Two bills that have been of particular interest to the art’s community were introduced in the House and Senate this week.
Wendi Hassan, executive director of Cache Valley Center for the Arts, has been following the bills closely.
“One is protecting the original ticket sellers so ticket resellers have to be clear that it’s a resell and that tickets might be more than the face value,” Hassan said. “And then the other legislation requires that anyone who does an event give tickets that are resalable so that you can’t restrict how those are then traded and sold after they’ve made the original purchase.”
The first, House Bill 128, would require individuals who resell tickets to include ‘an itemized breakdown of the price of each ticket’. This would help protect buyers who may be new to the process, Hassan said.
“We have had some personal experience with that. We’ve had some audience members be fooled into thinking they are purchasing tickets and bought tickets at three to four times the top ticket price for the back row in a theater that is not even close to sold-out, and that’s predatory,” she said.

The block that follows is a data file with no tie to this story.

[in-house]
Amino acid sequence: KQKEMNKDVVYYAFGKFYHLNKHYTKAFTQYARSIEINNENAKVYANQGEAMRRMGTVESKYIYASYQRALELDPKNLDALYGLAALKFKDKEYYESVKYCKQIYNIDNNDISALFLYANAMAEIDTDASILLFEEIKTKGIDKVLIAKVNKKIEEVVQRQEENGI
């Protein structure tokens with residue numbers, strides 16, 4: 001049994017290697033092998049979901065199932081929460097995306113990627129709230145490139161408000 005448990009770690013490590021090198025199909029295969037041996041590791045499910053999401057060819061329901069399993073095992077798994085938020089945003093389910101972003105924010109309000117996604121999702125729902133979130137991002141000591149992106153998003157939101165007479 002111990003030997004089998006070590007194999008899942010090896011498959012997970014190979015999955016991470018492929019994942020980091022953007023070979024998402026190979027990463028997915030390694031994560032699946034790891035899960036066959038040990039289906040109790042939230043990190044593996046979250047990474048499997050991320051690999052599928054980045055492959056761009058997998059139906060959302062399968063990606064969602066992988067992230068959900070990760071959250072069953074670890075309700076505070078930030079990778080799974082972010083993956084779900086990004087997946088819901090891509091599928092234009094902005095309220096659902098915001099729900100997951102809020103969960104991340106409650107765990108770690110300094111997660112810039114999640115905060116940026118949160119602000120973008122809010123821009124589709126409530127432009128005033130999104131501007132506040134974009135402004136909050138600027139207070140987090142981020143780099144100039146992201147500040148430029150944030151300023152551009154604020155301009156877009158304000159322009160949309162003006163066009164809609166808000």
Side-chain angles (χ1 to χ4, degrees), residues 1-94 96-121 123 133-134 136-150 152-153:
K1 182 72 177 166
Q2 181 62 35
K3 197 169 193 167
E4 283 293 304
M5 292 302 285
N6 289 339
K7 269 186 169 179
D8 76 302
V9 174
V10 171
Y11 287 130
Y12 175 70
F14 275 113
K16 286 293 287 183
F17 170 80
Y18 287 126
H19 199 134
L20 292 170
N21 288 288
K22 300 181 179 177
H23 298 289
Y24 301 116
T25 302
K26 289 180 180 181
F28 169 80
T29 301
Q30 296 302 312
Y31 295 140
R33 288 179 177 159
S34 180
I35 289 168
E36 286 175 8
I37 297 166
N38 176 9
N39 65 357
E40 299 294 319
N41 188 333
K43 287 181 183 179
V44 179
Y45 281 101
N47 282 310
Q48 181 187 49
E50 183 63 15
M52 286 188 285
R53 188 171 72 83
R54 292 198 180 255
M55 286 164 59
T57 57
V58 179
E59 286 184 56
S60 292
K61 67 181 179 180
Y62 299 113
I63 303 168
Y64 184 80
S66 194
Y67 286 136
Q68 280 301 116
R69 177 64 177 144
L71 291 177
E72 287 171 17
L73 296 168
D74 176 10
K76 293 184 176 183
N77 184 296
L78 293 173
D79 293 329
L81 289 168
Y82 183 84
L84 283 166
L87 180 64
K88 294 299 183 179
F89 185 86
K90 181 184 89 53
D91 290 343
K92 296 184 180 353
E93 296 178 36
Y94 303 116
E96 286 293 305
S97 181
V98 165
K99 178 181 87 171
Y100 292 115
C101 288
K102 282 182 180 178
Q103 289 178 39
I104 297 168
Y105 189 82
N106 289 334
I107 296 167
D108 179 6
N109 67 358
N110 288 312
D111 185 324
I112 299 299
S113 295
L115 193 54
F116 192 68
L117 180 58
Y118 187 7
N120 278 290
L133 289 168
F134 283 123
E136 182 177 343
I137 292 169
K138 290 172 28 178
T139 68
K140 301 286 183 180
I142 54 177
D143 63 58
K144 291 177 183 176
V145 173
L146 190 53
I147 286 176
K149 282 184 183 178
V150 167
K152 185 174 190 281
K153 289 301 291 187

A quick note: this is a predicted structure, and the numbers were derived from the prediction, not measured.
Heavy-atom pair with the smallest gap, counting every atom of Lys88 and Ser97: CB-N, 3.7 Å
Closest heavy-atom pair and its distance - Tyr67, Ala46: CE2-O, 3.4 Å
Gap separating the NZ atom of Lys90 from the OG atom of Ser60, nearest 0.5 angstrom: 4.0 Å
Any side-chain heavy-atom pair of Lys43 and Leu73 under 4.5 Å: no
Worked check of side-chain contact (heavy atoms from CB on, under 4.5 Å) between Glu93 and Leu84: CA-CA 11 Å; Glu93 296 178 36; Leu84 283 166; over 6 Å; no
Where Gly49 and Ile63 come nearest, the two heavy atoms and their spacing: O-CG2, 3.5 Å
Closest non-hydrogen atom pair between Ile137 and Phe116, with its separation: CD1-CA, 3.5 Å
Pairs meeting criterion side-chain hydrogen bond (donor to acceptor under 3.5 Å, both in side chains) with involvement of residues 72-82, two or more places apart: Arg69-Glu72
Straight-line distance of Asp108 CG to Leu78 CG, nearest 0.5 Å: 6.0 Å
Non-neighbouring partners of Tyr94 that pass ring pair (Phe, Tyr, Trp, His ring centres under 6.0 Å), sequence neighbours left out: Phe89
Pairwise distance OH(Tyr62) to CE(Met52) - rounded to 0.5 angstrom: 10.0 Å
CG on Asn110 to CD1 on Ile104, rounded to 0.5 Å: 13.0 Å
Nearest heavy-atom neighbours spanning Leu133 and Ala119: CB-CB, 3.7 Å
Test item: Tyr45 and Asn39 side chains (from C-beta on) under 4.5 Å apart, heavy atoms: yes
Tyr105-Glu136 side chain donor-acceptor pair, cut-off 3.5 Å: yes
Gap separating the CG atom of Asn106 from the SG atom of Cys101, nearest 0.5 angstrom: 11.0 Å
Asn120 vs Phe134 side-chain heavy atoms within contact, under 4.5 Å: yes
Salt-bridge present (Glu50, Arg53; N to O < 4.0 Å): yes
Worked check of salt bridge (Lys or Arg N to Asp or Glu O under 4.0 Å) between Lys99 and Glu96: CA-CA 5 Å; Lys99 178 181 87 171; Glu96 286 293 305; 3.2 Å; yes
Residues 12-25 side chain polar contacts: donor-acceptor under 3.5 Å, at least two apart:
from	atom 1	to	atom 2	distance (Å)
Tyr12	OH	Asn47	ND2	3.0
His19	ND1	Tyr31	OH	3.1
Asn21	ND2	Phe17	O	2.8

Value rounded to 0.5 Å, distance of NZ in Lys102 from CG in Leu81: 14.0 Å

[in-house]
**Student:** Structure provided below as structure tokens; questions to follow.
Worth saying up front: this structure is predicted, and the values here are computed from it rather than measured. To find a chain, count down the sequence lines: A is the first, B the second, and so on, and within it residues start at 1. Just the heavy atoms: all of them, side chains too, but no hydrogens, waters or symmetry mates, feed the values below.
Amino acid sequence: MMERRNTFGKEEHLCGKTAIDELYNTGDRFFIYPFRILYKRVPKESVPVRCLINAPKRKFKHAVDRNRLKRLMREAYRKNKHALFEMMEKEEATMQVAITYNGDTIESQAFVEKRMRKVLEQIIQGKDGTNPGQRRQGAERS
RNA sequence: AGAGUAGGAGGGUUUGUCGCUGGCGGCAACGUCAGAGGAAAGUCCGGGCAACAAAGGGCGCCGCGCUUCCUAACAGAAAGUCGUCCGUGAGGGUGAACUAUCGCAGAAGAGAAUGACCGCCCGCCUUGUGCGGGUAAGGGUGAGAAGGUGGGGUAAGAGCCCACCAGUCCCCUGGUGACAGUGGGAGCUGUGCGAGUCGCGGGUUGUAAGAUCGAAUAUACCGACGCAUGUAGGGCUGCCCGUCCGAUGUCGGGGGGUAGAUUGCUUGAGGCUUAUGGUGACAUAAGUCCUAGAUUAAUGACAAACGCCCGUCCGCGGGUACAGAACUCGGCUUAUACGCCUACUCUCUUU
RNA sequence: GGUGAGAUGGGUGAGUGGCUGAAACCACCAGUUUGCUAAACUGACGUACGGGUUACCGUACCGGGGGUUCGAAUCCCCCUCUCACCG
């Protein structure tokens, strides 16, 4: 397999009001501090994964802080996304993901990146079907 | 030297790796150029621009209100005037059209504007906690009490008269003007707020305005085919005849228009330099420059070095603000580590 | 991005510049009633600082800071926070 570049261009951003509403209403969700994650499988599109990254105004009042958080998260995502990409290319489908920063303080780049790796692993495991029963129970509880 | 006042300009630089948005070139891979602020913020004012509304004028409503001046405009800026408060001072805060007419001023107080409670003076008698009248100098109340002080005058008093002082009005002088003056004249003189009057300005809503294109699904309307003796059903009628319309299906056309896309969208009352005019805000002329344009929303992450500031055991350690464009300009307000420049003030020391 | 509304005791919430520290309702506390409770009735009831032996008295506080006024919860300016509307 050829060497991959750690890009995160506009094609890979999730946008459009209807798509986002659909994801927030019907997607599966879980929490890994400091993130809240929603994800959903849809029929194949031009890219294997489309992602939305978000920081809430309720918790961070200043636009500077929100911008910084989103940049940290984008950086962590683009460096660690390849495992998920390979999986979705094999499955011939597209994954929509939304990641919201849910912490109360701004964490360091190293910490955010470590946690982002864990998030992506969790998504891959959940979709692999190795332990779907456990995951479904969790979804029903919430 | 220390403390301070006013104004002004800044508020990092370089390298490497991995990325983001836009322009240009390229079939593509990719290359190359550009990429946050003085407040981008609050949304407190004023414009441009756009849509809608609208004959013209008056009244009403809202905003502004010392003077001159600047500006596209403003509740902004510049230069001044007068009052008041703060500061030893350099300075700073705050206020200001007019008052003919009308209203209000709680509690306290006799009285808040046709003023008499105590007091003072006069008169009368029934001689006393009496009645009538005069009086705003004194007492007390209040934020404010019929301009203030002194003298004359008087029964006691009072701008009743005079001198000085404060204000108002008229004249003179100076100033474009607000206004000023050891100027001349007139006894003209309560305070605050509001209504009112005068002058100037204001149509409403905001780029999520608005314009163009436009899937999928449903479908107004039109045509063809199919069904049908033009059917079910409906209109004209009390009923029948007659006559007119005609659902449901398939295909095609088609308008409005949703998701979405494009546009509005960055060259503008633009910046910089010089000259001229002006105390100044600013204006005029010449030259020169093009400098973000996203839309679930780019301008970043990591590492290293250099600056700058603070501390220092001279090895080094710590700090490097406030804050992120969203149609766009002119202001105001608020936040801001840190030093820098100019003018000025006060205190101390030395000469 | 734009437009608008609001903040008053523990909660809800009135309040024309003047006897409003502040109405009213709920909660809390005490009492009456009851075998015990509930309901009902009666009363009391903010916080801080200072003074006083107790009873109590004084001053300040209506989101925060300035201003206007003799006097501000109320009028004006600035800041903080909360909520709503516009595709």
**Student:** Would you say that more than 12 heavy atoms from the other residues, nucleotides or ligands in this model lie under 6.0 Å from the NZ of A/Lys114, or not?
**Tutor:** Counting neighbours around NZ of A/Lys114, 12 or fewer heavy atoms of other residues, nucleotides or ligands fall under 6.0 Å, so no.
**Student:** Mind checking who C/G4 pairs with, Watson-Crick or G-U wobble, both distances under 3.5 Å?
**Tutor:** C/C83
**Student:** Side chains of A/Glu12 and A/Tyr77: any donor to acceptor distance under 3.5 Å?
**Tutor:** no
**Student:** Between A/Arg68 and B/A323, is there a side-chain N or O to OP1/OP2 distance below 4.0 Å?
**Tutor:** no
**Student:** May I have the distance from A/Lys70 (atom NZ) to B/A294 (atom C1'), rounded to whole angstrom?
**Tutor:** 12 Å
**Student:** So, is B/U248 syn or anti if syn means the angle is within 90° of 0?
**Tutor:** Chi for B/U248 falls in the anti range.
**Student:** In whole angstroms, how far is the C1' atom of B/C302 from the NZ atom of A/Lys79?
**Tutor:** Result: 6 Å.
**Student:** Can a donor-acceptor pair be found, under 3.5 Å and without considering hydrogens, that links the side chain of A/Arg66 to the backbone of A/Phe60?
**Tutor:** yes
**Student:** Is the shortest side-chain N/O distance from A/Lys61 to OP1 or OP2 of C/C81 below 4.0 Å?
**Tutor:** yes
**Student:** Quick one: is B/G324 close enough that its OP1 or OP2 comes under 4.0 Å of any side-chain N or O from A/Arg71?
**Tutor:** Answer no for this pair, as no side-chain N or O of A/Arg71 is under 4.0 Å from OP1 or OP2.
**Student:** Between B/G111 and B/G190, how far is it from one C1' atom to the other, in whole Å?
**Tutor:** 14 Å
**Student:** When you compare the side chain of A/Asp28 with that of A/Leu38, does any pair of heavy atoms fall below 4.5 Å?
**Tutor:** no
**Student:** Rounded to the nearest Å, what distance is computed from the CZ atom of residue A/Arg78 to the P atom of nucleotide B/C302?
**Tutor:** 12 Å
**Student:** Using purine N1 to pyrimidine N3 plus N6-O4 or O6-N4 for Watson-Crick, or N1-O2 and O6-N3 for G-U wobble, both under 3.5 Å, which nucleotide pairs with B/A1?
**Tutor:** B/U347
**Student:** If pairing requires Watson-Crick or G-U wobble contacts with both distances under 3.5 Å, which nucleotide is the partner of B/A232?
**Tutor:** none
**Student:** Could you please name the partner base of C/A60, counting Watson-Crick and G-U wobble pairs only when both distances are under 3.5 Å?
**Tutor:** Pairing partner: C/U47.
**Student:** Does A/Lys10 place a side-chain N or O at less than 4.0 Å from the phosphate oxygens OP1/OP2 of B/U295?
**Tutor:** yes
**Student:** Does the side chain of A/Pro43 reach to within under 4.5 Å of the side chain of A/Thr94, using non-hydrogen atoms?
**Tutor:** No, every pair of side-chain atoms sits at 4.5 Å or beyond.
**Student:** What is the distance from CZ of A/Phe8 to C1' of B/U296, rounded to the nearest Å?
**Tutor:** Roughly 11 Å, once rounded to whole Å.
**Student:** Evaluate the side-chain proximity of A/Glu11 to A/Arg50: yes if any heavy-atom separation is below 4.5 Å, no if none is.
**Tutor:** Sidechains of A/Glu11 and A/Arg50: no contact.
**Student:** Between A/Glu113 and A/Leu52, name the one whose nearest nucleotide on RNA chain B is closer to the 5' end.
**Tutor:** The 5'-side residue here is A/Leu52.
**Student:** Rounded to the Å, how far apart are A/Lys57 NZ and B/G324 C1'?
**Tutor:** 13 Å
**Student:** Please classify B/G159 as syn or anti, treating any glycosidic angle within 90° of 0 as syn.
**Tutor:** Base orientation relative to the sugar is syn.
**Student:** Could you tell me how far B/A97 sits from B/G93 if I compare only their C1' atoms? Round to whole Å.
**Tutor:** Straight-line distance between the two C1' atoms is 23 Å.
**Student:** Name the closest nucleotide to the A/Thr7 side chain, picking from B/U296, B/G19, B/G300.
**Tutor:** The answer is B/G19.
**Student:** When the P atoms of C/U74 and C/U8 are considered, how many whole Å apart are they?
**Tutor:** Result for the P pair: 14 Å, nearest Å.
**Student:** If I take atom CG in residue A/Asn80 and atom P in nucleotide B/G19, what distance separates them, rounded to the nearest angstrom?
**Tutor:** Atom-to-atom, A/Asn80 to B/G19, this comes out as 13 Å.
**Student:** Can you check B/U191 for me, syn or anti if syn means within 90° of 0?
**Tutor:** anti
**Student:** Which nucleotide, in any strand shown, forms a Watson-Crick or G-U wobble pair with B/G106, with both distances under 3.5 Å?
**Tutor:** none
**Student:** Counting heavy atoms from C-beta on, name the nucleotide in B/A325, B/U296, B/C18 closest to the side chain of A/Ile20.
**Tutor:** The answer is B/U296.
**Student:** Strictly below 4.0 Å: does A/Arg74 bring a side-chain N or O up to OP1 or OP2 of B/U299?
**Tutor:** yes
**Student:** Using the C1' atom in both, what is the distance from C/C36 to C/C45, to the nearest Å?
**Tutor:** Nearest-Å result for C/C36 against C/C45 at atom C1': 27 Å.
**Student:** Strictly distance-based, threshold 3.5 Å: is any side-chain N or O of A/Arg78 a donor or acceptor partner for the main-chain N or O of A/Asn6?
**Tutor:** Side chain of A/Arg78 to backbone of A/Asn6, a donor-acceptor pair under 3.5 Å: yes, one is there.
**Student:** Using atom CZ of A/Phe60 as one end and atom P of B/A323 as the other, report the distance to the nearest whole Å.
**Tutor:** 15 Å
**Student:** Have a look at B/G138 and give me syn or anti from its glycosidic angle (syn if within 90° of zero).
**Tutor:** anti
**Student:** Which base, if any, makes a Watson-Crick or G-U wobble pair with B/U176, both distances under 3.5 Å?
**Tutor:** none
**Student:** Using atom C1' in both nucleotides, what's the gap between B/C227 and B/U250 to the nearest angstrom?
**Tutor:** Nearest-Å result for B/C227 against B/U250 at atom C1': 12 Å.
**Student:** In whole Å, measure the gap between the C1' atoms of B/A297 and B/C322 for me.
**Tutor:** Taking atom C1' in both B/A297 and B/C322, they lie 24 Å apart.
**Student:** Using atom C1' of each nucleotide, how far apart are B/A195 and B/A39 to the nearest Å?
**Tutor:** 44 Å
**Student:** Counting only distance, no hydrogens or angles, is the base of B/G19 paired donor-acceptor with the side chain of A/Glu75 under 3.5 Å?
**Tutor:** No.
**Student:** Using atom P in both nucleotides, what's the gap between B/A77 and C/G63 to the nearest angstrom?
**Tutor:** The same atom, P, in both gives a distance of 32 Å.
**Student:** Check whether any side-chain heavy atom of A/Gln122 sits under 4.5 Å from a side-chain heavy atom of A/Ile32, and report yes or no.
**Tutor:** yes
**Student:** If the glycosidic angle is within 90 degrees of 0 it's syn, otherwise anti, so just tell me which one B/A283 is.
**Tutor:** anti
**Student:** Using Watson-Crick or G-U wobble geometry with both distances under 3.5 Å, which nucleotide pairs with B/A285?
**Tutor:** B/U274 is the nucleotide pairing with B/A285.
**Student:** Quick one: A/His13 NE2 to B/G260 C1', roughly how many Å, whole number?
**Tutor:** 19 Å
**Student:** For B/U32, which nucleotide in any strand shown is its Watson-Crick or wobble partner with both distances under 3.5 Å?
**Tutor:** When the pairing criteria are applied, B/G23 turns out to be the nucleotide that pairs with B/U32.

Currently, ticket resellers in Utah do not have to disclose if they are part of the event host’s organization, which means they could be working remotely to scam unsuspecting buyers by increasing the ticket price.
House Bill 128 was introduced on Monday and did not pass in the House, however the second piece of legislation is still active. Senate Bill 69 has been passed in the Senate and was introduced in the House on Tuesday, a vote remains to be had.
In the meantime, Hassan says although it is a complicated issue, many organizations are working to combat the issue of reselling. Her best advice: be informed and buy from a trusted source.